Consider a government benefit that is earmarked for a group of people “deserving” the benefit. Corruption happens when undeserving candidates obtain the benefit with the help of corrupt officials. Often, such corrupt activities are mediated by professional touts who act as intermediaries between the undeserving candidates and the corrupt officials. The purpose of this paper is to analyze the equilibrium in such an intermediated market.
A queuing model was theoretically analyzed where candidates wait in line to obtain the benefit. Undeserving candidates can also obtain the service – in exchange for a bribe – if they happen to wait at a counter with a corrupt clerk. The intermediary collects information to find out which clerks are corrupt, and charges a fee to direct candidates to an honest or corrupt clerk, as the candidate may choose.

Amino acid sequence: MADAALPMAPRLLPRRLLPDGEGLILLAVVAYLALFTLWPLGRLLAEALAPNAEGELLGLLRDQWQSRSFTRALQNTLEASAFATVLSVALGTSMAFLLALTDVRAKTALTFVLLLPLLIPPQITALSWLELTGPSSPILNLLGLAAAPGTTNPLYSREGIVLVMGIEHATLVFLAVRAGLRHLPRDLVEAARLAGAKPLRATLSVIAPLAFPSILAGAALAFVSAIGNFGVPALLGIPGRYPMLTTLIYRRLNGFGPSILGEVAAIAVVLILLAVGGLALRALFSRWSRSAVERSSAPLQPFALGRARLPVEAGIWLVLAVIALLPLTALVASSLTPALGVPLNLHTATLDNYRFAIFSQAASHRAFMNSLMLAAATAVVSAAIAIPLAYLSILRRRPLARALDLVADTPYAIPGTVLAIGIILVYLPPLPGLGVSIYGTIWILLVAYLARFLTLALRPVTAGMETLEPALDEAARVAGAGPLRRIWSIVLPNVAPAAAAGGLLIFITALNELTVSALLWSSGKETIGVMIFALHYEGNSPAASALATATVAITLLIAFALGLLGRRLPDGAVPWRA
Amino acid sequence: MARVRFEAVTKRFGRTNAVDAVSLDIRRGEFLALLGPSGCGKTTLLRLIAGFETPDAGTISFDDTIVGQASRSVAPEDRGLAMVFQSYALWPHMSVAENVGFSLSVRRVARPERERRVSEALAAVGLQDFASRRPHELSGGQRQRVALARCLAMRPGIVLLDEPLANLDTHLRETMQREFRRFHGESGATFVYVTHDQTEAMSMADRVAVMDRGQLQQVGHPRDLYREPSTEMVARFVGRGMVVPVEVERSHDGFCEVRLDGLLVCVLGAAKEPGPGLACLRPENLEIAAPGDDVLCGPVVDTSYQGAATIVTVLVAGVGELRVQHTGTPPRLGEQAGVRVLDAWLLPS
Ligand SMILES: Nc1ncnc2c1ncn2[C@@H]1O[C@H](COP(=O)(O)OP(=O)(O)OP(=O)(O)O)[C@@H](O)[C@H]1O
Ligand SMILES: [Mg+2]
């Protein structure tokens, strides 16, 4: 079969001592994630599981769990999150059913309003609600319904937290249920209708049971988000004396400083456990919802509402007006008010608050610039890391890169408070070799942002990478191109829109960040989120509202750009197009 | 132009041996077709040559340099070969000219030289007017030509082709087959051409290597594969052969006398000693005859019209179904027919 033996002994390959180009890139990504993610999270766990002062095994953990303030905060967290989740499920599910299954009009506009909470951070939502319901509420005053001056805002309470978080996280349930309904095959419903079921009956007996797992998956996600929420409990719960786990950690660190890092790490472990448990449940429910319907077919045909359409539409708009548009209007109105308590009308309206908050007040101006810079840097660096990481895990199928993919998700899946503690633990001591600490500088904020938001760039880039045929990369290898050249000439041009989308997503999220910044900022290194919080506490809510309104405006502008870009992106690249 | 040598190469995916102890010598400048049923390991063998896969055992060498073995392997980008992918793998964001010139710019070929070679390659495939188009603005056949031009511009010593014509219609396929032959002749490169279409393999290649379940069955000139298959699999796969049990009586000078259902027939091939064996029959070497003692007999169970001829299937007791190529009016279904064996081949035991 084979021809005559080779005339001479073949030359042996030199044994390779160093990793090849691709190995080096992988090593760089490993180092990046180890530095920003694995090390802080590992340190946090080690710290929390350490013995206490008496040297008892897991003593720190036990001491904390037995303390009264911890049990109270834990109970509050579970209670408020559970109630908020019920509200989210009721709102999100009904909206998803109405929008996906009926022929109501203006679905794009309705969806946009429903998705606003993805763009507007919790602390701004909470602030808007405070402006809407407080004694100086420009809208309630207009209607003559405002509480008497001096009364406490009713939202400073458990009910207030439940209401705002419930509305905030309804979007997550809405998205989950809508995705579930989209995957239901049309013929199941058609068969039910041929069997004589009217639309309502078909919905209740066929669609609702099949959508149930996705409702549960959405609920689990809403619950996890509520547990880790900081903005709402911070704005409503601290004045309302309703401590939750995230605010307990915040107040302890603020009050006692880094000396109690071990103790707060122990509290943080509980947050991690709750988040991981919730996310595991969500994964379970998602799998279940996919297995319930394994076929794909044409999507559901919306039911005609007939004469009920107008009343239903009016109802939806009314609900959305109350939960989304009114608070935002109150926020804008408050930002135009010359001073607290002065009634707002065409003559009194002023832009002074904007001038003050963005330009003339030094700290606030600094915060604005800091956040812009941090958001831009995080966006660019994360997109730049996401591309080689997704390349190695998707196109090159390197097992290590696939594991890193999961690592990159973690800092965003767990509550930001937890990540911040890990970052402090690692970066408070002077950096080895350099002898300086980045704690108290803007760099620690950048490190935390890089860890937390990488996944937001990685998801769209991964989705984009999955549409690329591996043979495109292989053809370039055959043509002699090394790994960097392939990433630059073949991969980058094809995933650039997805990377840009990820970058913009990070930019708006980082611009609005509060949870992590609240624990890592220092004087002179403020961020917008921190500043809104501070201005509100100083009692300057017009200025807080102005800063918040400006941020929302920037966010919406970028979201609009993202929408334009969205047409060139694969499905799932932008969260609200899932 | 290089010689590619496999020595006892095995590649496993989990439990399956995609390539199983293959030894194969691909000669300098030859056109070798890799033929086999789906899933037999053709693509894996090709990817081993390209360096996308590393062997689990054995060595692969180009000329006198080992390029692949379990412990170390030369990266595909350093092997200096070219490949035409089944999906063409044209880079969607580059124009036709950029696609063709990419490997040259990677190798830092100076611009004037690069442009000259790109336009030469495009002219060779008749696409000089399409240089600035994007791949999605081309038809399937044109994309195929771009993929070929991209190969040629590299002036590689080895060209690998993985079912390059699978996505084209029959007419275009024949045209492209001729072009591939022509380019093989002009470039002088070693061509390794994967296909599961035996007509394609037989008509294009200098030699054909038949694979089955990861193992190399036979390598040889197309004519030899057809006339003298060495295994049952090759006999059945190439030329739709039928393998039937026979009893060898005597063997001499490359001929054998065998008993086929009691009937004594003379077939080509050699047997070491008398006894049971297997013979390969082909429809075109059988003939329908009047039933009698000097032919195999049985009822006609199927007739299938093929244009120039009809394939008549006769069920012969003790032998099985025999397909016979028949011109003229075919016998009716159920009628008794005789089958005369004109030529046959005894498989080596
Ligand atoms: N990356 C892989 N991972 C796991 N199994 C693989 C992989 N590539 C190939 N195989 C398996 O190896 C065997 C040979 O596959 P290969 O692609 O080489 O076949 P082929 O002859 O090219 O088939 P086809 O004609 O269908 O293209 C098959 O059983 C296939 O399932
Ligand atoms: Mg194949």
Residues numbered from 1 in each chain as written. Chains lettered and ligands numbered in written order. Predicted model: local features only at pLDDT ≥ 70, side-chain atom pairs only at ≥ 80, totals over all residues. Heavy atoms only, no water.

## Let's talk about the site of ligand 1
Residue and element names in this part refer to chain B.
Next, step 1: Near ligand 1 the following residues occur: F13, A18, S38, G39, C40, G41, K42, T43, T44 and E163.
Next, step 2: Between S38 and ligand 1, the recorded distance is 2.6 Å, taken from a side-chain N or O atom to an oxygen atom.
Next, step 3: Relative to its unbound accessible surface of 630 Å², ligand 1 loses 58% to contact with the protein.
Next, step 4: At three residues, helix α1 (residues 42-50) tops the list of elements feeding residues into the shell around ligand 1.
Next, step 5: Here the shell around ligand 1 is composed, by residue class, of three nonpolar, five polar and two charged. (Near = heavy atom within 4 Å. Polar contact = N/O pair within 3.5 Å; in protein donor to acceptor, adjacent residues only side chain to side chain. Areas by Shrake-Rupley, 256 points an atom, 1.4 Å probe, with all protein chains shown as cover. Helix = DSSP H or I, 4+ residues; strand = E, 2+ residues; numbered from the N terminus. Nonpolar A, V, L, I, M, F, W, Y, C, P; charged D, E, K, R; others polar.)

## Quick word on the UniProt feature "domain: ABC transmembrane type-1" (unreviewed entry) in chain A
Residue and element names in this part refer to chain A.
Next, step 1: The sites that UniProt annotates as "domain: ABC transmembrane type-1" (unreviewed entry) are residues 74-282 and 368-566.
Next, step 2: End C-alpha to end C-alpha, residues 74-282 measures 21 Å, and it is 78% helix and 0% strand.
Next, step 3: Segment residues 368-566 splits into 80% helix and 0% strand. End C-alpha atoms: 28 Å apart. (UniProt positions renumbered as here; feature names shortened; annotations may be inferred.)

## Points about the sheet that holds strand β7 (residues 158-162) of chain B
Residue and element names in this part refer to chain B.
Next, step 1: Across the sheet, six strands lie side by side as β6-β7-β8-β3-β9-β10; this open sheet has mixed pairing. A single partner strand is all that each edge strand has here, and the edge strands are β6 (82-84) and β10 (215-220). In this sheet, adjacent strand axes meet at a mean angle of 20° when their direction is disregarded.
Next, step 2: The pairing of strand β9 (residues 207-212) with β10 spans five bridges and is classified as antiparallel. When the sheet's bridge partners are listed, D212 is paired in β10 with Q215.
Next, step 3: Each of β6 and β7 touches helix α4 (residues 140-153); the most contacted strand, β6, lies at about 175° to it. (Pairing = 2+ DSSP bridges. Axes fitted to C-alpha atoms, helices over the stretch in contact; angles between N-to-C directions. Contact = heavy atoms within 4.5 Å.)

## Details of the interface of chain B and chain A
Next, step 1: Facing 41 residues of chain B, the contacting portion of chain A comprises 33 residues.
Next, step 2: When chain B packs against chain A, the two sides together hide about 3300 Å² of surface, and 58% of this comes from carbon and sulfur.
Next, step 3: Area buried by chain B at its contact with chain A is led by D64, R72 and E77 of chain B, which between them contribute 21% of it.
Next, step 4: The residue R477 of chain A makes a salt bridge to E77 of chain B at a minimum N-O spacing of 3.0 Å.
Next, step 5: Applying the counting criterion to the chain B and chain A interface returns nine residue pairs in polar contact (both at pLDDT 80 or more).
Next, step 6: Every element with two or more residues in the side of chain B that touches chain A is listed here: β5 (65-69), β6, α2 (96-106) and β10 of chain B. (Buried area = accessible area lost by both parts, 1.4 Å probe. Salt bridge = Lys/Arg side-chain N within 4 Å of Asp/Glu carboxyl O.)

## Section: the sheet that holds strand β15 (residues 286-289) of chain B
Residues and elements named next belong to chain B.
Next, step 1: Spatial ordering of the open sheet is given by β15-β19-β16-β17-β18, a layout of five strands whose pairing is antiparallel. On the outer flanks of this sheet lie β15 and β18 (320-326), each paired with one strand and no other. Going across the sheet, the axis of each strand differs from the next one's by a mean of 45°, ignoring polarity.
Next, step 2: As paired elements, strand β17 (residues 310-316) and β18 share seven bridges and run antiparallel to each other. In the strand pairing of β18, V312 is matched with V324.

In a market with a single intermediary we show that, under fairly general conditions: the intermediary is active; both deserving and undeserving candidates use the service of the intermediary; welfare in an economy with an intermediary is lower than that in an economy without intermediaries; and under some conditions, an optimal response to corruption is to reduce the number of officials dispensing the benefit.
This paper provides a framework within which intermediated markets for corruption can be analysed. The framework is easy to adapt and can accommodate social costs other than waiting costs. The conclusion suggests more complex scenarios that may be analysed using the approach in this model.
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